As the talk of future technologies becomes the talk of the present, the auto industry has advanced vehicle sensing and AI in hopes of creating a system of safety and efficiency for their customers.
Collision Avoidance Systems, Smart Tech, and Self-Driving Vehicles
To help reduce the likelihood or seriousness of a collision, many auto companies have developed and deployed integrated systems using cameras and radar transmitters, in addition to alerts to the driver if their action is needed. These warnings come in the form of audible, visual and sometimes physical, such as a tug from the seatbelt, and all work together to alert the driver if they momentarily get distracted while behind the wheel.
Features such as lane assist, smart parking, blind spot protection along with additional safety features are systems that have been designed in newer models to give consumers a taste of what self-driving might feel like. These systems use cameras to detect lane and road markers and can pick-up when a vehicle is about to swerve off the road and steer the vehicle back in lane if the driver fails to take action. This technology improvement is outstanding progress and has the potential to save lives. According to the NHTSA (National Highway Traffic Safety Administration), in 2016, distracted driving claimed 3,450 lives.
These features save lives but do potentially give up some control that could impact the overall driving experience. As cars get smarter, User Insight believes there are a few critical UX fundamentals to consider ensuring the overall driving experience is not compromised.
Visibility of system status
This is about communication and the transparency of the system. Drivers should always be informed of the systems status so that they have control to make the proper decisions necessary for a safe driving experience. For example, if the collision prevention brake is about to kick in there should be a warning, visual or audible, for the driver to react to.
User control and freedom
When drivers turn on safety features such as lane assist or smart parking, they should always have the ability to turn off these systems quickly and the choice to use them when appropriate. One example of this is clear visuals displayed or highlighted when features are turned on.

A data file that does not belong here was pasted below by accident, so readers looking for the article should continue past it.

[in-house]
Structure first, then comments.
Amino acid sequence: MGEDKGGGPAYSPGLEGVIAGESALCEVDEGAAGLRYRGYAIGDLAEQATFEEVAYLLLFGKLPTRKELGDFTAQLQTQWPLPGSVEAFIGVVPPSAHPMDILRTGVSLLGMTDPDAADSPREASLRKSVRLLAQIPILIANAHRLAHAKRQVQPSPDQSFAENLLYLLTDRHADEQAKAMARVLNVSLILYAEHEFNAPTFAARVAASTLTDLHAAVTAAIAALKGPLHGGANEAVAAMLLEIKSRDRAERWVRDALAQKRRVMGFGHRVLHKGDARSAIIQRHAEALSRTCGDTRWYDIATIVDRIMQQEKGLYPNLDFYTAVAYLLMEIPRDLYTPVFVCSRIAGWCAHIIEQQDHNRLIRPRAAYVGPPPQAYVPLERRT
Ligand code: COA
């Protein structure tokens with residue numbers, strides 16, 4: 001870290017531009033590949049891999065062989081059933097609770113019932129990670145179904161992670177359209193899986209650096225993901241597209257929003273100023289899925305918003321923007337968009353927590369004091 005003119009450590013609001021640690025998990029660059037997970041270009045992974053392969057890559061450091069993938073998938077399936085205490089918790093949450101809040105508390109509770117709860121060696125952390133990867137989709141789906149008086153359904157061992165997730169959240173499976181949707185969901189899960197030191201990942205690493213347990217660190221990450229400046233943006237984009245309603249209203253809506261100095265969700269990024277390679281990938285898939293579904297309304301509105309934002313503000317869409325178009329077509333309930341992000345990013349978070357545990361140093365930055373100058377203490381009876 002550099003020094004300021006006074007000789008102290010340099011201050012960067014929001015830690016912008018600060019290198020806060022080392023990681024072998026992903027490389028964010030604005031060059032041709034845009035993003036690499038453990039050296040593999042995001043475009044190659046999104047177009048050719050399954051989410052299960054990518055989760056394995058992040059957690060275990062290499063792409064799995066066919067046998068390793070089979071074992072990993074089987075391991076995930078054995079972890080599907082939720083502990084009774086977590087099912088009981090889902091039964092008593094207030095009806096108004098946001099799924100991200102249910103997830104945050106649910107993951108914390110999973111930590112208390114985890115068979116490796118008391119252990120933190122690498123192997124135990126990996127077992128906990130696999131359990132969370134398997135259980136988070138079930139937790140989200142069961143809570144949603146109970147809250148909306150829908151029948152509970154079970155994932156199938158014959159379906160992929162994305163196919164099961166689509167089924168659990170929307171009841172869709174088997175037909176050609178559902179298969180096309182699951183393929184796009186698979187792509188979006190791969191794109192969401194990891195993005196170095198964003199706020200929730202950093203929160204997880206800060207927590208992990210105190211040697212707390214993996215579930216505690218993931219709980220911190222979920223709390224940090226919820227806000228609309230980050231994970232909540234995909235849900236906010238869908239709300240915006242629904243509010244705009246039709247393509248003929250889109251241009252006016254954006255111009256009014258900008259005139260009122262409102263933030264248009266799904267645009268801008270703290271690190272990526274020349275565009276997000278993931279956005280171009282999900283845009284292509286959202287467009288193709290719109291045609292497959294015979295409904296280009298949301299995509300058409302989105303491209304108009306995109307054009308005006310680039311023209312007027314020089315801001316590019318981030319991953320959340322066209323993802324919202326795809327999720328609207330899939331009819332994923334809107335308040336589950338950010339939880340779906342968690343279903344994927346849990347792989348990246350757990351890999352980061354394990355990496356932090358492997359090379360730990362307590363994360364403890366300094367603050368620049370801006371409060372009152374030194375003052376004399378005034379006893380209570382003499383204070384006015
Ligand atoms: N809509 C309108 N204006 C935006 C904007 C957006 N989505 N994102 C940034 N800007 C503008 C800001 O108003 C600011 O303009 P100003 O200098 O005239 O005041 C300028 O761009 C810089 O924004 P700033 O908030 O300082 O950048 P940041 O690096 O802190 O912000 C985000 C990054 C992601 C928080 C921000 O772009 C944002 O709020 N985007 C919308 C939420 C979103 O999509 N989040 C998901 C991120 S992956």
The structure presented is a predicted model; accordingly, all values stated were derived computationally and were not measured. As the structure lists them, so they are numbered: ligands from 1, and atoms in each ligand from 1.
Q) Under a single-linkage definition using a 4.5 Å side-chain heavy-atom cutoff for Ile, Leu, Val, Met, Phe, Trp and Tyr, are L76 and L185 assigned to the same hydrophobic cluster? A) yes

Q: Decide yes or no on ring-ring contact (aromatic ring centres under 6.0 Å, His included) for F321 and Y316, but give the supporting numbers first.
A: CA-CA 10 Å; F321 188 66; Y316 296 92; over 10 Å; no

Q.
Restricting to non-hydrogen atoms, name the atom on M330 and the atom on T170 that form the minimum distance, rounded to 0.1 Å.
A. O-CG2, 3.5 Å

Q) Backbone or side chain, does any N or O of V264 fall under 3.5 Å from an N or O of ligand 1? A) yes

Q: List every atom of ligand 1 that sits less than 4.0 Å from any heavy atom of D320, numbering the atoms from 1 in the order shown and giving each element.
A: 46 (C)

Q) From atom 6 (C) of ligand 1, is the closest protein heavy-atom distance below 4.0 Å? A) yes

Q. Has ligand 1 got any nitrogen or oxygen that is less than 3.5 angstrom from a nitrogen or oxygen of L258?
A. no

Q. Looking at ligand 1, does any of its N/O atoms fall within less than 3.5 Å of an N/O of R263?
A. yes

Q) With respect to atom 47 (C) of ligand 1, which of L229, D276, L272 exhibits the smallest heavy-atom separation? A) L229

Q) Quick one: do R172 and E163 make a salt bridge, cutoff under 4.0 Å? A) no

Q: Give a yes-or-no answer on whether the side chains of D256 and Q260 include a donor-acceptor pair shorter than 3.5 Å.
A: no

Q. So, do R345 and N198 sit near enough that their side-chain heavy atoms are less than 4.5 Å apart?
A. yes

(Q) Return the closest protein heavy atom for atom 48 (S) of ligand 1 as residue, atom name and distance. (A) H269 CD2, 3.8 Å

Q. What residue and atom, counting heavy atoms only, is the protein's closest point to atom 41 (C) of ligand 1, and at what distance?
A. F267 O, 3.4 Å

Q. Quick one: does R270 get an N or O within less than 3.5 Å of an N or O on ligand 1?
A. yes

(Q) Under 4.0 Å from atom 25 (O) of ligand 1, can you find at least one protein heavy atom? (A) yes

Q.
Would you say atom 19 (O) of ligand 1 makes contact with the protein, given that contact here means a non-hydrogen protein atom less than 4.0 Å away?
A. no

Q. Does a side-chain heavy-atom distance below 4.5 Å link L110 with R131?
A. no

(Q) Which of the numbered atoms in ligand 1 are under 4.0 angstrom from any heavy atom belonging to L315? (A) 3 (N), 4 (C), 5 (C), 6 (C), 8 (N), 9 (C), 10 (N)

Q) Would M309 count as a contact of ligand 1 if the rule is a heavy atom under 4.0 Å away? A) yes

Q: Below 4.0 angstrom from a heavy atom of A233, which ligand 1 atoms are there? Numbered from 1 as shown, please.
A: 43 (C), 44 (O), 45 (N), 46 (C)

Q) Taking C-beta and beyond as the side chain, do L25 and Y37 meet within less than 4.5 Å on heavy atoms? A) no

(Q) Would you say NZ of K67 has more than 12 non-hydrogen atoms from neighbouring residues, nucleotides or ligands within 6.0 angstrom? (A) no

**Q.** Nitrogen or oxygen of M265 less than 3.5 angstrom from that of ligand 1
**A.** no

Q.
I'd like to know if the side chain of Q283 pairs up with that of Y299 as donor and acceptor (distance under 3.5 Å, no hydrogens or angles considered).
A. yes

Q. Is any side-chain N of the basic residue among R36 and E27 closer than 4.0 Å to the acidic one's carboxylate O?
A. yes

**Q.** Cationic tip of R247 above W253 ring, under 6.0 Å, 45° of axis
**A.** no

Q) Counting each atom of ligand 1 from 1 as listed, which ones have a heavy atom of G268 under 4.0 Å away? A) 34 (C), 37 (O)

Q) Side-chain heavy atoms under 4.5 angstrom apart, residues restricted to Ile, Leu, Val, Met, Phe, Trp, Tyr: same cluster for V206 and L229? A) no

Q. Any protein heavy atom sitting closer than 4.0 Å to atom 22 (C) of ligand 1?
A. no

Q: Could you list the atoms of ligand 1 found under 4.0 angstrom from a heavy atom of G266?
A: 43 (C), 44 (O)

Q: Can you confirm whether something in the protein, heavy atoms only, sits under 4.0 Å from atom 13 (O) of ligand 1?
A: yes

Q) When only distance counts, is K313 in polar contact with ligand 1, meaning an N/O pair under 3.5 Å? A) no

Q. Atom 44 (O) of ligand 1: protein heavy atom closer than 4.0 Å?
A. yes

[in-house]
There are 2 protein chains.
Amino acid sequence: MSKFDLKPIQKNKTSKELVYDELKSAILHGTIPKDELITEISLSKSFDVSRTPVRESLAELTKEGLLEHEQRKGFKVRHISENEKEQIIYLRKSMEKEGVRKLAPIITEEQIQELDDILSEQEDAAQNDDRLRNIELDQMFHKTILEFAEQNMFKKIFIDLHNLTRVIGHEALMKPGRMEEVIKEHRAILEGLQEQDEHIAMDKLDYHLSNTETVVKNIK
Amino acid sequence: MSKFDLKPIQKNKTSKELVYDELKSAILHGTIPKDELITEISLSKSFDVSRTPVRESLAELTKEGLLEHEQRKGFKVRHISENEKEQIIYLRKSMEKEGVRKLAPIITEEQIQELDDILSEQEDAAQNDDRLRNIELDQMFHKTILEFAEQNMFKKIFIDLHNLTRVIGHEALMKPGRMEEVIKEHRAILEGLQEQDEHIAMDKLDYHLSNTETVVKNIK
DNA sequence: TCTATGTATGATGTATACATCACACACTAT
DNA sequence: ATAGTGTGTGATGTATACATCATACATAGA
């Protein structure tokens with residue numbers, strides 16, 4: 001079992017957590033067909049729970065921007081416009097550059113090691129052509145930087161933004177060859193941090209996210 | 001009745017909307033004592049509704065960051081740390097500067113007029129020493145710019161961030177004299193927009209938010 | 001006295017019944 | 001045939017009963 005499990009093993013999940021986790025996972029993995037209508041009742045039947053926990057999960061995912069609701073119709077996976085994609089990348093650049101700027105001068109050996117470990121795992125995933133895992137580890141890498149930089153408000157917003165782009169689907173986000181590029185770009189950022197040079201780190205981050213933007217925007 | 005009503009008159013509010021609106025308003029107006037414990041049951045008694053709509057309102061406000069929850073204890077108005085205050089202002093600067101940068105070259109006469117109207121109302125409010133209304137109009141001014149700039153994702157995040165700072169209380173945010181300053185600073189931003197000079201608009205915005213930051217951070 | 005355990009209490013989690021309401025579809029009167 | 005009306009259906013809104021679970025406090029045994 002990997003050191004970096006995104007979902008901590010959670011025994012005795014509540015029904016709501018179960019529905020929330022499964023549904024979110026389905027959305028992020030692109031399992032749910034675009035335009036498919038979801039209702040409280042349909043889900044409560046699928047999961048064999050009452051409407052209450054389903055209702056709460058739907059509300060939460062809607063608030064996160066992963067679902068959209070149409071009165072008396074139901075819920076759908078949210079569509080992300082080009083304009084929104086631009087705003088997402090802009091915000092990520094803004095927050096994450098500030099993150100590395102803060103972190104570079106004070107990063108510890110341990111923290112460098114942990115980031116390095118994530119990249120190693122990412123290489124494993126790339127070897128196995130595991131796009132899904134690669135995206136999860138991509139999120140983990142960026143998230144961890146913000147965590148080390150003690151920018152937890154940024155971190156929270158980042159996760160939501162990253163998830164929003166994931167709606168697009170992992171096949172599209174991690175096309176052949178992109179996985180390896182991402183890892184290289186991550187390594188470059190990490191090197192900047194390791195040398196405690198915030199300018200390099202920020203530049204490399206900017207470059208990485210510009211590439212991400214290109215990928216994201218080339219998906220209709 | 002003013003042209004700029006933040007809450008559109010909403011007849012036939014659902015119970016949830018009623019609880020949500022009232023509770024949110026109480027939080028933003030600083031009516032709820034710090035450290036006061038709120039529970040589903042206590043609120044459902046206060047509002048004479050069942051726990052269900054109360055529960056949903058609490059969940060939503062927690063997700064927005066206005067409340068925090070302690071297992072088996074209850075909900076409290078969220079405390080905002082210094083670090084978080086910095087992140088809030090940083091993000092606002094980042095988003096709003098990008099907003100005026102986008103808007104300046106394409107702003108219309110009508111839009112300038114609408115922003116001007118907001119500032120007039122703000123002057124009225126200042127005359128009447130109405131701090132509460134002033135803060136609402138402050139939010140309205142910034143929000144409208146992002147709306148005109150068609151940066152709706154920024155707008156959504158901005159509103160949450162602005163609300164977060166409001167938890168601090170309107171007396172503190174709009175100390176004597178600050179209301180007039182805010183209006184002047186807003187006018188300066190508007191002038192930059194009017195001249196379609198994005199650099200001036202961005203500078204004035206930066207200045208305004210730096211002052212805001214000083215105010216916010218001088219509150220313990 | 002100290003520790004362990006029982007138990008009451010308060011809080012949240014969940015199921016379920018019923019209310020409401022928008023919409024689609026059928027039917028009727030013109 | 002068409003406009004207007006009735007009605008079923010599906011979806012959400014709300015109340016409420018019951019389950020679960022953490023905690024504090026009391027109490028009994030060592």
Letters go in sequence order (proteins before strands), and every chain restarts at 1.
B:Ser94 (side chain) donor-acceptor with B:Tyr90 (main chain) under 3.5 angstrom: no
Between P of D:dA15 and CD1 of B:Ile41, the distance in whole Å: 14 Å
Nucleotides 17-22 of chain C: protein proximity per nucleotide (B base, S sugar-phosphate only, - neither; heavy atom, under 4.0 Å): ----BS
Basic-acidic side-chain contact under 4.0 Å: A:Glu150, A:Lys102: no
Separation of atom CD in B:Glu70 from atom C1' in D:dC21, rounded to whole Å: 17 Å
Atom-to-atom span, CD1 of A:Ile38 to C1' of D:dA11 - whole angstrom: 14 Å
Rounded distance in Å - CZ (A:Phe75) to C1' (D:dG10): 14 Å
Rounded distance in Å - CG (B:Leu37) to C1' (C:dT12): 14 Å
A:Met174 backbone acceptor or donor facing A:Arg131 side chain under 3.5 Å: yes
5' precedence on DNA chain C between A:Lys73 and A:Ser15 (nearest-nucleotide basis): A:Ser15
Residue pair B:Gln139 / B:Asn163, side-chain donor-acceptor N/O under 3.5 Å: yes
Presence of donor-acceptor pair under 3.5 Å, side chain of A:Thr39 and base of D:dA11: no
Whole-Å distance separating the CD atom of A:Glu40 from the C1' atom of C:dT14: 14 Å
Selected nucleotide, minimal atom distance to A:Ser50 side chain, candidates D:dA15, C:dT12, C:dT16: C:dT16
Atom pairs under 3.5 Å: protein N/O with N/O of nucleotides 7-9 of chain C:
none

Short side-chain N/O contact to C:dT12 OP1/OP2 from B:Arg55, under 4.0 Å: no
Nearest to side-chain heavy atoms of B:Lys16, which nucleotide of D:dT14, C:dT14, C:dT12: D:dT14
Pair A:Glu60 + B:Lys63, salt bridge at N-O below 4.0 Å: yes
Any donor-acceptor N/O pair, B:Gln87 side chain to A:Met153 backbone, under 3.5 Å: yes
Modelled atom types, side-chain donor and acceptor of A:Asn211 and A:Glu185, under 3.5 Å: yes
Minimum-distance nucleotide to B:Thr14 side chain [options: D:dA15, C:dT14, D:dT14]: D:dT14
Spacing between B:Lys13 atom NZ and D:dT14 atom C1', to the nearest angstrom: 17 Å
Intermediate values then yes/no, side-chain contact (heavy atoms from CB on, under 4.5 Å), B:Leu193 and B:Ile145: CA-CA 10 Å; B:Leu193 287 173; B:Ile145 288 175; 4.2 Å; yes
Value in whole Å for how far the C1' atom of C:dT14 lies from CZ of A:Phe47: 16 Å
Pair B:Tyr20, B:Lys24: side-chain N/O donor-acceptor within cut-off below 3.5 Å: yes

Recognition rather than recall
Drivers are constantly being presented with information that they are being asked to remember. Key buttons and features should be apparently visible to drivers so that they can quickly recognize what actions they may need to take. As more features come into play it will be key to remove the clutter – visual iconography. When adding buttons and displays, it is critical to streamline the visual iconography and to keep it simple and easy to understand.
Aesthetic and minimalist design
Drivers only need the minimum amount of information in order to complete a task. Overloading them with extra instruction or information will compete with what is most important. As tasks and features get more complex it is important to keep it approachable and easy for Drivers to understand their role.
As consumers become more and more distracted by the stimulus around them, they can rest easy knowing that the auto industry is taking drivers’ safety into account. We are excited to see how industry continues to embrace technology to improve our driving experience.
User Insight partners with the world’s leading automotive brands as well as startups and mid-sized organizations to deepen relationships with their customers. Our team uses qualitative and quantitative user experience and innovation consulting to empower our clients with deep customer understanding.